1. Samson, Kurt

Article Content

Black patients are significantly more likely than White patients to be excluded from clinical trials for a wide range of eligibility criteria, according to researchers who used a simulated pancreatic cancer clinical trial screening process.

patient communicatio... - Click to enlarge in new windowpatient communication; black patients. patient communication; black patients

Andrea N. Riner, MD, MPH, a research fellow and general surgery resident at the University of Florida in Gainesville, presented the findings at the American Association for Cancer Research Conference on the Science of Cancer Health Disparities in Racial/Ethnic Minorities and the Medically Underserved (Abstract PR-10).


She told a press briefing that prior research has consistently demonstrated that racial and ethnic minorities are significantly underrepresented in clinical trials, and that clinical trials not including diverse populations may present an incomplete or inaccurate picture of how patients will respond to various medications.

Andrea N. Riner, MD,... - Click to enlarge in new windowAndrea N. Riner, MD, MPH. Andrea N. Riner, MD, MPH

"Inequitable representation of participants leaves gaps in our knowledge, limits opportunities to receive investigational therapeutics, and subsequently perpetuates disparities in survivorship."


Research Findings

Under the mentorship of Jose G. Trevino, MD, Surgeon in Chief of VCU Massey Cancer Center, Riner and her teammates examined criteria that are typically used to determine whether patients are qualified to participate in a clinical trial. They found that many trials use criteria that have been in place for a long time. Depending on several factors, she noted that "these criteria may not be medically justifiable."


The researchers simulated a screening process for a pancreatic cancer clinical trial, using data from patients with pancreatic ductal adenocarcinoma who sought care at VCU Massey Cancer Center in Richmond, Va., from 2010 to 2019. They then compiled common eligibility criteria for Phase II and Phase III pancreatic cancer trials listed in, and modeled inclusion and exclusion based on clinical variables determined from billing codes and medical records.


The criteria that had the highest propensity for exclusion of Black patients were related to nutrition and infectious diseases. These included the following:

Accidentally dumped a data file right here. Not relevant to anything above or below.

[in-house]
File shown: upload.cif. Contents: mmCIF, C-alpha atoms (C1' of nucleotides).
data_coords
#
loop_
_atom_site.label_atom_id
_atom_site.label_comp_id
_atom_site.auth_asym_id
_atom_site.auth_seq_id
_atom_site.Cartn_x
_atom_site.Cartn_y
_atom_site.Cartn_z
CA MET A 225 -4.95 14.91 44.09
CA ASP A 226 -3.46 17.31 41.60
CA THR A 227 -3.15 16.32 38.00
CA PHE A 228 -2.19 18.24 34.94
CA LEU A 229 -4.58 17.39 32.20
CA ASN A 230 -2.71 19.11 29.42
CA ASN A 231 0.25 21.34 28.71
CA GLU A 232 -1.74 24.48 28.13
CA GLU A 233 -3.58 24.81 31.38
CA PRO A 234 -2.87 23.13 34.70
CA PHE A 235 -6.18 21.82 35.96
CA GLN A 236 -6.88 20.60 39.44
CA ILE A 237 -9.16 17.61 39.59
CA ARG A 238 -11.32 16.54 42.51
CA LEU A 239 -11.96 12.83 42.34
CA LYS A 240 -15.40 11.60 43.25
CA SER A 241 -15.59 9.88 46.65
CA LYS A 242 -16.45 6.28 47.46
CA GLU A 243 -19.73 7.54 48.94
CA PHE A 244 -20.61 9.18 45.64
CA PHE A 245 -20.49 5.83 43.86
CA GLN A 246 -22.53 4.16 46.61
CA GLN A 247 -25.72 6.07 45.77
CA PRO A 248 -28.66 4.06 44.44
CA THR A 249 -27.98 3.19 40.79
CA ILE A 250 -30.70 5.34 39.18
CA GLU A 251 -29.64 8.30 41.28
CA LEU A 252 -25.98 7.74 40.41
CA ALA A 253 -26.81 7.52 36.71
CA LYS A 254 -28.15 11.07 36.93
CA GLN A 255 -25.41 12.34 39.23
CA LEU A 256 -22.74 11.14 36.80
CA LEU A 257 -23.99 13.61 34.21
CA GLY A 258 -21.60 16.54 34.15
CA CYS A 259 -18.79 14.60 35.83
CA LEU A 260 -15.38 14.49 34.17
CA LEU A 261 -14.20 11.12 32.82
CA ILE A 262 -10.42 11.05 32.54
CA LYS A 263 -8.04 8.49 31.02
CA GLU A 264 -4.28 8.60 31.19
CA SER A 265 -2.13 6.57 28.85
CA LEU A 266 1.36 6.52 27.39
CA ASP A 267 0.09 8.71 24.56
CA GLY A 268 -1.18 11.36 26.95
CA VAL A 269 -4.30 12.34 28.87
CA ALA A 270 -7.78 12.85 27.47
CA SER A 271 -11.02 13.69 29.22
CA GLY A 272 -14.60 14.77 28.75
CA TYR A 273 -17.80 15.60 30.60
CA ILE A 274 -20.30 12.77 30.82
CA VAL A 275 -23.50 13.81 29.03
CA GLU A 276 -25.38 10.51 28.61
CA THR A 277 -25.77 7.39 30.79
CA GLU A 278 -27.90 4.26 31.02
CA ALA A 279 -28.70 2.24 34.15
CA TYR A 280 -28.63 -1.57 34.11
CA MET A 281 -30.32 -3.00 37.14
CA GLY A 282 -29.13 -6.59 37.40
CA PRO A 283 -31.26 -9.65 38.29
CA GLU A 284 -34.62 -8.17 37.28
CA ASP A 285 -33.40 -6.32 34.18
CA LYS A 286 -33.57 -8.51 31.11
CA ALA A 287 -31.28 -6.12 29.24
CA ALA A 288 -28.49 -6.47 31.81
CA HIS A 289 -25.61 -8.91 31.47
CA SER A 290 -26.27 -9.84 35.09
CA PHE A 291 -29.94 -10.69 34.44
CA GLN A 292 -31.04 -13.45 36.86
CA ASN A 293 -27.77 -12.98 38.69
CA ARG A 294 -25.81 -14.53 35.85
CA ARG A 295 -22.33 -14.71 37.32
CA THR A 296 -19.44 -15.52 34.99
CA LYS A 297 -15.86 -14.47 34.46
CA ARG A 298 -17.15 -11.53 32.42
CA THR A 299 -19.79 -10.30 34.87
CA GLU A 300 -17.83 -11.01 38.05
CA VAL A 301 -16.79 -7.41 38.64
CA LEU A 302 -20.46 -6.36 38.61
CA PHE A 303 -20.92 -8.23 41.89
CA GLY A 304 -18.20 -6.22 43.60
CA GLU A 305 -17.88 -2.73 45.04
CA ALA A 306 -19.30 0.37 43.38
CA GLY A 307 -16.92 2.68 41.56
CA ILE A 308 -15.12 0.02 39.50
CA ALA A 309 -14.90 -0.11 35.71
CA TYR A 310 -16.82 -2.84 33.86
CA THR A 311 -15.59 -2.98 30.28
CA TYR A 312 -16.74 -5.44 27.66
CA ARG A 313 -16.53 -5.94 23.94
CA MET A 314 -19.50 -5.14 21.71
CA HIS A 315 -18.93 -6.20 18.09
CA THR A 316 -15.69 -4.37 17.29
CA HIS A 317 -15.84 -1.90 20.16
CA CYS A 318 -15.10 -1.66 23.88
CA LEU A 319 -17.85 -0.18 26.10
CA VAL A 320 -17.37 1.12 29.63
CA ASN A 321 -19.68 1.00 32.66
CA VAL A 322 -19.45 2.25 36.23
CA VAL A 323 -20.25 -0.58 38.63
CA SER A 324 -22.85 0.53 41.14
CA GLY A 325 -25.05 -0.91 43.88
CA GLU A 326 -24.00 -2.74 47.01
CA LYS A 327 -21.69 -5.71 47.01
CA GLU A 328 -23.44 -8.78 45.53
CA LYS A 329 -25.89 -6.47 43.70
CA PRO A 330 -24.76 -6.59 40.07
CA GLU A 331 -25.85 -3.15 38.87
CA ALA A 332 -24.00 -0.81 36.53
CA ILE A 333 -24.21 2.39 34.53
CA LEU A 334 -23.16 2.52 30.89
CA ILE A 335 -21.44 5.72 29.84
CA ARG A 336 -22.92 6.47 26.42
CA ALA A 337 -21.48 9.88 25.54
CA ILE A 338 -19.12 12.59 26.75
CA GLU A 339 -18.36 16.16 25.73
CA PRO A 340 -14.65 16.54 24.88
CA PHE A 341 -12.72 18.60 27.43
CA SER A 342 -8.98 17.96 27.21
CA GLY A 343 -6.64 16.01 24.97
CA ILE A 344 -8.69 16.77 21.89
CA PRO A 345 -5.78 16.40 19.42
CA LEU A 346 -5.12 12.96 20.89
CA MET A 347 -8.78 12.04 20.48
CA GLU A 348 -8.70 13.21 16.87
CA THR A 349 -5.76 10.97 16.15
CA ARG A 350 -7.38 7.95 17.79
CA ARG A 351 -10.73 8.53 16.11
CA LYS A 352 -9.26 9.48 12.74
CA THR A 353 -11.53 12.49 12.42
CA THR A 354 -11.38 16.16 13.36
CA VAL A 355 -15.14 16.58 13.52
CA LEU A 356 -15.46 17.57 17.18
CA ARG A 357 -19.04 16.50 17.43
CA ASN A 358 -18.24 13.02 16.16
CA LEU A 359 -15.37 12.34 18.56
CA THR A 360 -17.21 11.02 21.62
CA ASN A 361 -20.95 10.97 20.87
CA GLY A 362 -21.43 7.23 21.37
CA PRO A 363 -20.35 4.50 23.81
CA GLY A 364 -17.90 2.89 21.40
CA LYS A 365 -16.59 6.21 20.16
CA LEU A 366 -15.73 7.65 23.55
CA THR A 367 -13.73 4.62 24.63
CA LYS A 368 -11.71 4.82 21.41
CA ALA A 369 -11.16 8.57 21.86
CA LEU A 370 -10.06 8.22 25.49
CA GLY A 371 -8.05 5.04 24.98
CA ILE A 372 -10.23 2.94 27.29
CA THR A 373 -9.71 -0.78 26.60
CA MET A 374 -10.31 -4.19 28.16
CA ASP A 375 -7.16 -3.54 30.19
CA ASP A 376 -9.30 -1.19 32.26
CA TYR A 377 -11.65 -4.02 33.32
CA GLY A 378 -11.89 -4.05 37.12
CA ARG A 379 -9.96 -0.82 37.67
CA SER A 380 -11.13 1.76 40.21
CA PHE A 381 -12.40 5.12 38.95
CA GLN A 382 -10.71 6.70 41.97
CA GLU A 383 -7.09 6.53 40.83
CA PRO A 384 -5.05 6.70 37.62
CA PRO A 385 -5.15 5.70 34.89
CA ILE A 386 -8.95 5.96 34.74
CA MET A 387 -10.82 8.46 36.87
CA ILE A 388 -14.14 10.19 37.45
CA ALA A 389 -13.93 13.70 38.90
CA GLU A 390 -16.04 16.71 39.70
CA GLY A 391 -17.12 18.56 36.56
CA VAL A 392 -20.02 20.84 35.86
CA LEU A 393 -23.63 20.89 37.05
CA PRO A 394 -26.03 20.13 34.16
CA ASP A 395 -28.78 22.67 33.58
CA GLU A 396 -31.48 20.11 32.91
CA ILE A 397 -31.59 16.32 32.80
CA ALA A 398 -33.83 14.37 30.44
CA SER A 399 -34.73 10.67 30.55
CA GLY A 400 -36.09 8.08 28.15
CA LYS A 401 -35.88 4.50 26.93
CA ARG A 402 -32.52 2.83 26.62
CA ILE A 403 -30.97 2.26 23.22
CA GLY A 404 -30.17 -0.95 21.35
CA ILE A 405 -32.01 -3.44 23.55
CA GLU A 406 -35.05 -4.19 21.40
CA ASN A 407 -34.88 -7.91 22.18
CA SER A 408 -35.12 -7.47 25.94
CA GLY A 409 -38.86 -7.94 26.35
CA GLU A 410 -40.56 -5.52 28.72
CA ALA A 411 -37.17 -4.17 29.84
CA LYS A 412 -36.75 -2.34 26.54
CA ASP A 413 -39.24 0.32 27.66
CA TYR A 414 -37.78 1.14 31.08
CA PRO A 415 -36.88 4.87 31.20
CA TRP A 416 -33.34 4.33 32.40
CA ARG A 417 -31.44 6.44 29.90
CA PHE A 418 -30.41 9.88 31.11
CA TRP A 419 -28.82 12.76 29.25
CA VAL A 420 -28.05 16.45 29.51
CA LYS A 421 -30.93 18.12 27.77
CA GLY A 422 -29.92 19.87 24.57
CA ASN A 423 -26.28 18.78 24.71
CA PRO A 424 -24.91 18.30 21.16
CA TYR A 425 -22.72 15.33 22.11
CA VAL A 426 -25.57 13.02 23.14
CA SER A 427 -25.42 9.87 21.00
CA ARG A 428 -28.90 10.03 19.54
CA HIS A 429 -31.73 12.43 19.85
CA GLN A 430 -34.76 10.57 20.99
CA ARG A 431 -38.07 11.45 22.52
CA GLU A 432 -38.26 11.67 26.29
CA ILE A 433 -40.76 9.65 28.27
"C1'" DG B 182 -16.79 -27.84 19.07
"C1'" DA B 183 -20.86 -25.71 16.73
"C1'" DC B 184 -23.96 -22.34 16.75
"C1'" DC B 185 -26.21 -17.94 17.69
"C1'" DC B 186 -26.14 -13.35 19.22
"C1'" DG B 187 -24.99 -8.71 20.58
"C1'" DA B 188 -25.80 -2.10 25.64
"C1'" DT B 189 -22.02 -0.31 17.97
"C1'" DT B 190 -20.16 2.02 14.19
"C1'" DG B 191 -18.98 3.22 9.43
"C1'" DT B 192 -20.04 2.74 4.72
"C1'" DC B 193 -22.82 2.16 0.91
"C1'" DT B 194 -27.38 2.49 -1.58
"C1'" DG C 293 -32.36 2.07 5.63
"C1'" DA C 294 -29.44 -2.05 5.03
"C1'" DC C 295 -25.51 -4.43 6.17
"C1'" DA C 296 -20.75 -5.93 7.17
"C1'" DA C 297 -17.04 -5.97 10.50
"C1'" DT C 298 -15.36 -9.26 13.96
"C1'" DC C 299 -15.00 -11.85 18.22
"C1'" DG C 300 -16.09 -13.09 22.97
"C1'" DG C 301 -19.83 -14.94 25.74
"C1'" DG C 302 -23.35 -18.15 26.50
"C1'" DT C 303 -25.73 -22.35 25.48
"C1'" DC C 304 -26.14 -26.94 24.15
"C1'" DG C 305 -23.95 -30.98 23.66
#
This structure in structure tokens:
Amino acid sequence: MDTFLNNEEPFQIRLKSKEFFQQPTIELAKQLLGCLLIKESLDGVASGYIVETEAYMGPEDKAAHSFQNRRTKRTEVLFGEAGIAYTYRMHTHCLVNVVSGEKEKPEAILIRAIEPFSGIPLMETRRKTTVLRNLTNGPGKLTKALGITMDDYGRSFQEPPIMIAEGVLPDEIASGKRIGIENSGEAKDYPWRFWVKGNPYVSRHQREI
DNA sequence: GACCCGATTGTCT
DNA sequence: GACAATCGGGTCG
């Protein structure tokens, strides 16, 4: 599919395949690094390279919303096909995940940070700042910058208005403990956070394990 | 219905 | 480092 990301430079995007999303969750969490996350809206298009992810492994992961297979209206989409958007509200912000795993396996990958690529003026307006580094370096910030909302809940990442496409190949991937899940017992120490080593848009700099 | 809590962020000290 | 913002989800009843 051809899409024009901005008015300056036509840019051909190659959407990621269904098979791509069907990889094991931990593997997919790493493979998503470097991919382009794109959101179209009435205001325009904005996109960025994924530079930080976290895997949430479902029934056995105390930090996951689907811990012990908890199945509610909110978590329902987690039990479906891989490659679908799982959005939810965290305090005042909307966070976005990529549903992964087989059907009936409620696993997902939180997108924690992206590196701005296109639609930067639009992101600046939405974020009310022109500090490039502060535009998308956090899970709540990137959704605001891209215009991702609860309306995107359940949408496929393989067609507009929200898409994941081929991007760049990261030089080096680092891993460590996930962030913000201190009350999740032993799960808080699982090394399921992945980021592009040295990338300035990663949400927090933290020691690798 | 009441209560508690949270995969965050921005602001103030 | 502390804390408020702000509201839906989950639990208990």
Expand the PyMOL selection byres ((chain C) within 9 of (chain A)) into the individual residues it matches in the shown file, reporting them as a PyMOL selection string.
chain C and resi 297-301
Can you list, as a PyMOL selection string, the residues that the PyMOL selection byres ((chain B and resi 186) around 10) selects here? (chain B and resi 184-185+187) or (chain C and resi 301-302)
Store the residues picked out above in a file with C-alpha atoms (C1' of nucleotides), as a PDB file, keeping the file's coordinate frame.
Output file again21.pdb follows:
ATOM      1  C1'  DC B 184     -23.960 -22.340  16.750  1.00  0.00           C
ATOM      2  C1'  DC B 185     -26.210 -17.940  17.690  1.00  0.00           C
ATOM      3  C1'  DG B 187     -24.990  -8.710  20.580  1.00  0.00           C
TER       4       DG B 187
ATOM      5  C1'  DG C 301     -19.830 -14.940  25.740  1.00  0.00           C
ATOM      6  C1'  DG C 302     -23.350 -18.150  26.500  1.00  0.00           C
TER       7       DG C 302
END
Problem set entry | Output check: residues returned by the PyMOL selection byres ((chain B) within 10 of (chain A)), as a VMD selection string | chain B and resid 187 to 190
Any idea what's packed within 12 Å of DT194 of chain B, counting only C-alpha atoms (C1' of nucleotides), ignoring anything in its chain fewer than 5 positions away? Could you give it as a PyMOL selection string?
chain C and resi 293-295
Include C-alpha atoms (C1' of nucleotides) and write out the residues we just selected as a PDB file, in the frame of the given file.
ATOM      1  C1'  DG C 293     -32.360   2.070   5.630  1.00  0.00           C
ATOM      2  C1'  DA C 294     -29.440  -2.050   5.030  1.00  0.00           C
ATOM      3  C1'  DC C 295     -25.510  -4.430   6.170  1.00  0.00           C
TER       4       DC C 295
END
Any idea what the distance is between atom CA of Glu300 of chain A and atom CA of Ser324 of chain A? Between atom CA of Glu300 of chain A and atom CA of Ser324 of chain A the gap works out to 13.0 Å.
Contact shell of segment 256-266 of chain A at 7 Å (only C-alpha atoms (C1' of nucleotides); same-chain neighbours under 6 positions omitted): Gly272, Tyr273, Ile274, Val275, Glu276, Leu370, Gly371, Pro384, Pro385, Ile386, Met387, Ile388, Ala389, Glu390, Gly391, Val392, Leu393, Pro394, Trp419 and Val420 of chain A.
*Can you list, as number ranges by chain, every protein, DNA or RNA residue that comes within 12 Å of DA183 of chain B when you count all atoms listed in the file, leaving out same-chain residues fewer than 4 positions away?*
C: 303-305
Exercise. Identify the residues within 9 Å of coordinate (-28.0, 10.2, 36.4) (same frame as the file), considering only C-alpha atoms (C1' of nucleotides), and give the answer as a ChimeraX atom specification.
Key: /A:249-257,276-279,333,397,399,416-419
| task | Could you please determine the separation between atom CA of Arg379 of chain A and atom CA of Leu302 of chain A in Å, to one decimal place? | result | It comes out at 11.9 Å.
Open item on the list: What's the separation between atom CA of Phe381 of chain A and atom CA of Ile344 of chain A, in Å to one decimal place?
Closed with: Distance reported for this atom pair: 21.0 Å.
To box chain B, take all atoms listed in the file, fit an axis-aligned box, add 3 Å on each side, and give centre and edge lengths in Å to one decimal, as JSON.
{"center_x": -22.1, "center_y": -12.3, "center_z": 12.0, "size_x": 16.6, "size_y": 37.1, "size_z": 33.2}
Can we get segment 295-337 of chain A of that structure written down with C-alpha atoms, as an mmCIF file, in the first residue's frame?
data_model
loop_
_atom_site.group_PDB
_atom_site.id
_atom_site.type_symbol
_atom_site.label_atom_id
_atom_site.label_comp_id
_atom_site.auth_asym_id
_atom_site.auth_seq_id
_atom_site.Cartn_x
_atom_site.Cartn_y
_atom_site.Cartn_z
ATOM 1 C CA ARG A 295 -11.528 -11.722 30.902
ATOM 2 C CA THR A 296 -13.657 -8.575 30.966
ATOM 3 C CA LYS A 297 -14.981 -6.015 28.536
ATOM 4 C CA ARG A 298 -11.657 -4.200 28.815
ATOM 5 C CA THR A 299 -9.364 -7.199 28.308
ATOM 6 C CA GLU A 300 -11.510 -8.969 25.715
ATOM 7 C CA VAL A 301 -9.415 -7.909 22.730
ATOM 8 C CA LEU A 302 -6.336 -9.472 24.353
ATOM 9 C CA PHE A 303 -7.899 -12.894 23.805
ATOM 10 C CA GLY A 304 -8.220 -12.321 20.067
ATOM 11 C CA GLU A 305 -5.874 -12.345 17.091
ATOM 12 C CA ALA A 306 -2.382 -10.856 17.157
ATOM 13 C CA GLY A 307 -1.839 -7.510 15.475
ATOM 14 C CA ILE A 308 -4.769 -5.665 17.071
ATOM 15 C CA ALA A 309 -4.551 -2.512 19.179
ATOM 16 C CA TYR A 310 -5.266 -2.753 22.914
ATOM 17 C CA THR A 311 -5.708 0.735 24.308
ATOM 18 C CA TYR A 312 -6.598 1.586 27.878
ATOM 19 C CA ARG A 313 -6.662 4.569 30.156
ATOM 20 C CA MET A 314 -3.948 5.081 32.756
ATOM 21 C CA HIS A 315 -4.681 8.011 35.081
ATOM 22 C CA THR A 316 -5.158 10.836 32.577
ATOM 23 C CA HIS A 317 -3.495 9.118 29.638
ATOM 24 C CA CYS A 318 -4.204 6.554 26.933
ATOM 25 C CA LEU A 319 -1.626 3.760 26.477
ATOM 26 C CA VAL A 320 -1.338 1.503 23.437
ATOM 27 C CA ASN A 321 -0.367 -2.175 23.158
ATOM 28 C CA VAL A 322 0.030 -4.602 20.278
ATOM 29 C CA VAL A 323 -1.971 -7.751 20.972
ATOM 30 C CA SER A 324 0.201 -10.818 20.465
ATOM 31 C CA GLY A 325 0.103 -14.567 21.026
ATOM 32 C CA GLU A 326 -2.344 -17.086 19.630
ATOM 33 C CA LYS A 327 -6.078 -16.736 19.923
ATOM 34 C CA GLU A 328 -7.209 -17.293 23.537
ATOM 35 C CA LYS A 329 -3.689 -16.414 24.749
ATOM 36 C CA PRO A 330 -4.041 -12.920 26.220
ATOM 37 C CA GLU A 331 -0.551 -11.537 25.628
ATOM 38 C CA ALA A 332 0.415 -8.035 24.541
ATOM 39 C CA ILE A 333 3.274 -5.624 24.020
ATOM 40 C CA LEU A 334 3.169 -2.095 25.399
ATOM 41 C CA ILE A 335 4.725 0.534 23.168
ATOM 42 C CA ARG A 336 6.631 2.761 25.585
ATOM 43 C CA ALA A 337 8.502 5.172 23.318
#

* albumin (14.07% of Black patients were excluded, compared with 7.91% of White patients);


* HIV (3.136% of Black patients were excluded, compared with 0.286% of White patients);


* hepatitis B (1.742% of Black patients were excluded, compared with 0% of White patients); and


* hepatitis C (9.06% of Black patients were excluded, compared with 3.43% of White patients).



Several other criteria also disproportionately excluded Black patients, although the results did not reach statistical significance. The only criteria that excluded more White patients than Black patients was a history of prior cancer treatment, Riner said.


Fourteen percent of White patients were excluded based on prior cancer treatment, compared with 9.06 percent of Black patients. This difference reflects more White patients receiving neoadjuvant therapy for their current pancreatic cancer, she explained.


When criteria were removed that the researchers felt were not crucial to patient safety or well-being, the difference in eligibility was minimized.


"The results of our study confirmed our suspicion that standard criteria lead to significantly fewer Black patients being eligible for pancreatic cancer clinical trials than White patients," Riner said. "We are creating bias in who may even qualify to participate, and we are sometimes doing so without a truly valid medical reason to exclude someone."


She noted the findings could be used to modify existing clinical trial enrollment to be more racially and ethnically inclusive.


"Modifications should be made on a trial-by-trial basis given the range of therapeutics being investigated," she said, noting that chemotherapy trials may require different criteria than immunotherapy trials based upon how the drugs work. "These decisions could be made between the sponsor of the trial and an advisory board of medical experts that would be able to decide which criteria are absolutely necessary.


"Alternative eligibility criteria can improve the diversity of participants, provide more equitable access to investigational therapeutics, and reduce disparities in survivorship without compromising patient safety or study results," Riner added.


One limitation of the study is that it was based on data from a single cancer center, so the results may not be generalizable to the broader public. Also, based on the demographics of the patients in the study, researchers were only able to compare eligibility Black patients being eligible for pancreatic cancer clinical trials than White patients.


Riner noted that the team suspects their findings may be applicable to other minority groups, but further research would be necessary to confirm the results.


"Clinical trials determine efficacy and safety of cancer therapeutics and set the standard of care. Inequitable representation of participants leaves gaps in our knowledge, limits opportunities to investigational therapeutics, and subsequently perpetuates disparities in survivorship," she said.


"Standard pancreatic cancer clinical trial eligibility criteria differentially exclude Black patients from participating in clinical trials. These criteria perpetuate racial disparities, limit generalizability to real-world clinical scenarios, and are often not medically justifiable. Alternative eligibility criteria can improve representation of diverse participants and provide more equitable access to investigational therapy."


Kurt Samson is a contributing writer.